Since a teen’s mind is on the developmental stages, it has been argued by researchers that THC has the potential to arrest proper brain development amongst teenagers who frequently smoke this drug. Marijuana restructures the proper development of a teenage brain to the tune of poor working memories and unconditioned perception (Bergland 2014). Short memory spans are not positive indicators of a better learning ability since this is necessary for any school-attending teenager in the 21st century. Such short memory has the effect of directly affecting a teenager’s ability to think clearly and may further serve to impair learning abilities. Furthermore, this induced brain restructuring has been rumored to make teenager ‘work-harder’ in engaging the brain and its resources as they respond to thinking fetes or brain activities in sports such as chess. Thus, marijuana can be taught to render a stunning blow on intelligence and IQ levels (Barton 2014; Bergland 2014).

Finally, legalization of this drug will increase its street availability of young adults, thus, increasing their frequency in using this drug. Frequent ingestion and smoking of the drug by teenagers by reducing their psychological interaction abilities and predisposes them to secondary side-effects such as cancer, damage to the nervous system and their future responses to fertility treatments (Sahelian 2014).

Conclusions

To sum up on the foregoing discussions, legalization of Marijuana has potential ramifications on medical and teenage use. Some are positive while most are negative. These negative effects have a profound effect on the teenager as compared to the positive effects. The positive effects only last for a few minutes and include the treatment of insomnia, increasing appetite for sickly teens and reducing nausea or vomiting. The adverse effects border on the ability of the child to indulge in brain activity such as memorizing, thinking (as is required in learning) and longer brain perception abilities. Teen’s brains are always developing and Marijuana smoking has the ability to restructure the brain and arrest intelligence development fetes. This may result in poor learning abilities by the teenager. Other side effects include an increased potential to develop cancer, poor psychological interactions abilities and a future reduced response to fertility treatments once the teenager grows into adulthood.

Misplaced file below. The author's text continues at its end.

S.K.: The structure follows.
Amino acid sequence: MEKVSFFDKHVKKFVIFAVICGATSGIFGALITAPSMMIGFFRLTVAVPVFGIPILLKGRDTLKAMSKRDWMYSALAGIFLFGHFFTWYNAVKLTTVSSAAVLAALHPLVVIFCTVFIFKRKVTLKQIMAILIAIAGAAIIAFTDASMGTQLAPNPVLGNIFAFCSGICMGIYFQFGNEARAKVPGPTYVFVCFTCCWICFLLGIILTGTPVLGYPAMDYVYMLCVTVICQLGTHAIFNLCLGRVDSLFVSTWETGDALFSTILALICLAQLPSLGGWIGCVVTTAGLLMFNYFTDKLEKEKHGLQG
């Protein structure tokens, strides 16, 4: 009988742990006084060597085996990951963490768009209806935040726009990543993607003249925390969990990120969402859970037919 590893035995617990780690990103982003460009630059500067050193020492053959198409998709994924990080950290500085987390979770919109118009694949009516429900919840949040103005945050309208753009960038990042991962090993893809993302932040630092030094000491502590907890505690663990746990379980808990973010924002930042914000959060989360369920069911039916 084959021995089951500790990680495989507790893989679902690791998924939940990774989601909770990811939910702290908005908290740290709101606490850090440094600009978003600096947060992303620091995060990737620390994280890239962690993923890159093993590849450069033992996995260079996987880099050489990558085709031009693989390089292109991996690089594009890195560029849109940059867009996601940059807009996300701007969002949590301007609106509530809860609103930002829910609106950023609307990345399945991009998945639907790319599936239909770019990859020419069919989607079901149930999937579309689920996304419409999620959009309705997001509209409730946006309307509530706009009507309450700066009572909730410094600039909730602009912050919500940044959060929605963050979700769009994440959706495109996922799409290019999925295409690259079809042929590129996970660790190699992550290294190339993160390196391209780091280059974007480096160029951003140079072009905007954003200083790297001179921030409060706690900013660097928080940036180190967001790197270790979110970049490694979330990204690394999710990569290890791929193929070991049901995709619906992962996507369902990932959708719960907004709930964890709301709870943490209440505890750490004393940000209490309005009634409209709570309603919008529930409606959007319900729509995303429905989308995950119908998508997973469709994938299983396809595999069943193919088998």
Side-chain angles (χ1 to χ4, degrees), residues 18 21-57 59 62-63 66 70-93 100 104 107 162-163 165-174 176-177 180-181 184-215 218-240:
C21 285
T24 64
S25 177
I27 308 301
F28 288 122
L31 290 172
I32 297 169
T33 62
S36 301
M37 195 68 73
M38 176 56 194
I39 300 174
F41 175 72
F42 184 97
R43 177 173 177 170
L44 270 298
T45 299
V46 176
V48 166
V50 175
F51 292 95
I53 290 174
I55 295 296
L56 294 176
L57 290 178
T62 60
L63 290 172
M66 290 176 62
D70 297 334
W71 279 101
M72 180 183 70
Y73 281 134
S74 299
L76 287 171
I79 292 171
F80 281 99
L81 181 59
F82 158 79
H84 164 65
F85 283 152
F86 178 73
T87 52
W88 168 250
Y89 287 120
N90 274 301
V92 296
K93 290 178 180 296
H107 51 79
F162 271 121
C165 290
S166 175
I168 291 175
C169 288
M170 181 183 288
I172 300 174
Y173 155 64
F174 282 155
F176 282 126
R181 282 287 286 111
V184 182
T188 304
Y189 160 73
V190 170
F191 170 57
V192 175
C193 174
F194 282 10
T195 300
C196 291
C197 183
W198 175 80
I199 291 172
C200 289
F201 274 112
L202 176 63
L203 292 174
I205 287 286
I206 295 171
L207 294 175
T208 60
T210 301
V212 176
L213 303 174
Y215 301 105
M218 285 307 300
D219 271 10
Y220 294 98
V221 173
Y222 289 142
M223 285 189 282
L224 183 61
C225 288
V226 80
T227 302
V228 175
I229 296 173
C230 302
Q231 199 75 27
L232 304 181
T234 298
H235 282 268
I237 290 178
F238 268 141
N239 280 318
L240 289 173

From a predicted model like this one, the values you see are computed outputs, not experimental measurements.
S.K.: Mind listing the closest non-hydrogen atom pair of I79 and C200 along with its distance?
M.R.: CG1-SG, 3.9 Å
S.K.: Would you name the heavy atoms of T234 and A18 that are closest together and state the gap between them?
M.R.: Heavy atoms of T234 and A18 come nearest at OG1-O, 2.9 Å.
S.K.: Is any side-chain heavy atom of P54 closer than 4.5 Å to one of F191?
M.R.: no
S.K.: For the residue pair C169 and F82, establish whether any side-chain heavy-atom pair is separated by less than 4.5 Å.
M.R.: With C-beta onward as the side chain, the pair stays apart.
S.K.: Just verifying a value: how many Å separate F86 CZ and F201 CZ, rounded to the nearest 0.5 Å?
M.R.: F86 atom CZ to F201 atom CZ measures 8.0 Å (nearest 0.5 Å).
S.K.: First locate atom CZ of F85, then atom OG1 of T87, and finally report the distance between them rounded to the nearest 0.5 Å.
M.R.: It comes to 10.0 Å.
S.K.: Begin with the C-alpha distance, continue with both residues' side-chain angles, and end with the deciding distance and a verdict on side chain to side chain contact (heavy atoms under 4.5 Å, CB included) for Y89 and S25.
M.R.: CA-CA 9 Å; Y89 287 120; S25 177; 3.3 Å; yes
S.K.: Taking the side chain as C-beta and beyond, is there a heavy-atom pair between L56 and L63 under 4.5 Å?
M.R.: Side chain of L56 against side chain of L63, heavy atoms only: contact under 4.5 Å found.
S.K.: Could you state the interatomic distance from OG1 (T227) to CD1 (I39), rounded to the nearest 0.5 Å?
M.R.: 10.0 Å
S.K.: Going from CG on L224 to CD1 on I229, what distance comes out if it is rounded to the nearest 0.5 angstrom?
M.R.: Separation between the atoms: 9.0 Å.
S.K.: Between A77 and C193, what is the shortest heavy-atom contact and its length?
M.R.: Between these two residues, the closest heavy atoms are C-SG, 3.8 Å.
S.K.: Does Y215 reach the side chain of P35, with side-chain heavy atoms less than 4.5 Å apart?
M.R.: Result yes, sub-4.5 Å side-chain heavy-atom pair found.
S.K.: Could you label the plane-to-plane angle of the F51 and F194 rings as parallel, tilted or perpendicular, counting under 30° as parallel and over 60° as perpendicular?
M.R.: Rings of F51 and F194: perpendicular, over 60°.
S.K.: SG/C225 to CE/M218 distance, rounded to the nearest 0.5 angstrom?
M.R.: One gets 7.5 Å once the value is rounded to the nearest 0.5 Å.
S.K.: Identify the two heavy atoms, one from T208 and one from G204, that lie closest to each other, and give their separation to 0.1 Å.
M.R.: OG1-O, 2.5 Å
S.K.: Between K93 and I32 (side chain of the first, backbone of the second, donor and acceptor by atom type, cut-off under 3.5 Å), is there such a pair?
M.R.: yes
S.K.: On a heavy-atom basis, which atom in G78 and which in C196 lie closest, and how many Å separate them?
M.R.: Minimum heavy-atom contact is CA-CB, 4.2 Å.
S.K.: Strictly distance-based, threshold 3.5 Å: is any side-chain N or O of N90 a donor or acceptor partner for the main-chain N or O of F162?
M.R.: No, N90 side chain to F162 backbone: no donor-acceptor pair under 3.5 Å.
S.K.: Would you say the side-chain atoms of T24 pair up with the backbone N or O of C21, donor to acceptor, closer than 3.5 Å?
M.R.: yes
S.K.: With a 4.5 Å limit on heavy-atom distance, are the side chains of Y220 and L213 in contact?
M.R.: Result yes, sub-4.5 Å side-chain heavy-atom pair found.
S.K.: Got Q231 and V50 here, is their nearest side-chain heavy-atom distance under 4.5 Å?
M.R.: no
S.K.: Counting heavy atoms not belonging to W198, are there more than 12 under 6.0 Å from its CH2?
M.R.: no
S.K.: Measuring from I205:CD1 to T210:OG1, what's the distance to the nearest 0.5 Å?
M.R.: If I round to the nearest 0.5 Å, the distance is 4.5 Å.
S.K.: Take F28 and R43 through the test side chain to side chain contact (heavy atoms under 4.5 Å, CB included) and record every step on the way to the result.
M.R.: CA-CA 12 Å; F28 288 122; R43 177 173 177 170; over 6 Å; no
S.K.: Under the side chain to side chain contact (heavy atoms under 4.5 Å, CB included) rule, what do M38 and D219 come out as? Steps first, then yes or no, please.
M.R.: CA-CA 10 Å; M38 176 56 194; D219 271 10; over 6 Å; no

References

Barton, A. (2014, October 16). Your kid’s brain on pot: The real effects of marijuana on teens: The Globe and Mail. Retrieved on April 22, 2015 from http://www.theglobeandmail.com/life/health-and-fitness/health/your-kids-brain-on-pot-the-real-effects-of-marijuana-on-teens/article21127612/

Bergland, C. (2014, March 30). Heavy Marijuana Use Alters Teenage Brain Structure. Retrieved on April 22, 2015 from https://www.psychologytoday.com/blog/the-athletes-way/201403/heavy-marijuana-use-alters-teenage-brain-structure

Sahelian, M.D., R. (2014, November 16). Marijuana side effects and benefits, risk. Retrieved on April 22, 2015 from http://www.raysahelian.com/marijuana.html

Szalavitz, M. (2012, June 4). A New Marijuana Plant without the High? It Could Be Good Medicine. Retrieved on May 8, 2015 from http://healthland.time.com/2012/06/04/a-new-marijuana-plant-without-the-high-it-could-be-good-medicine/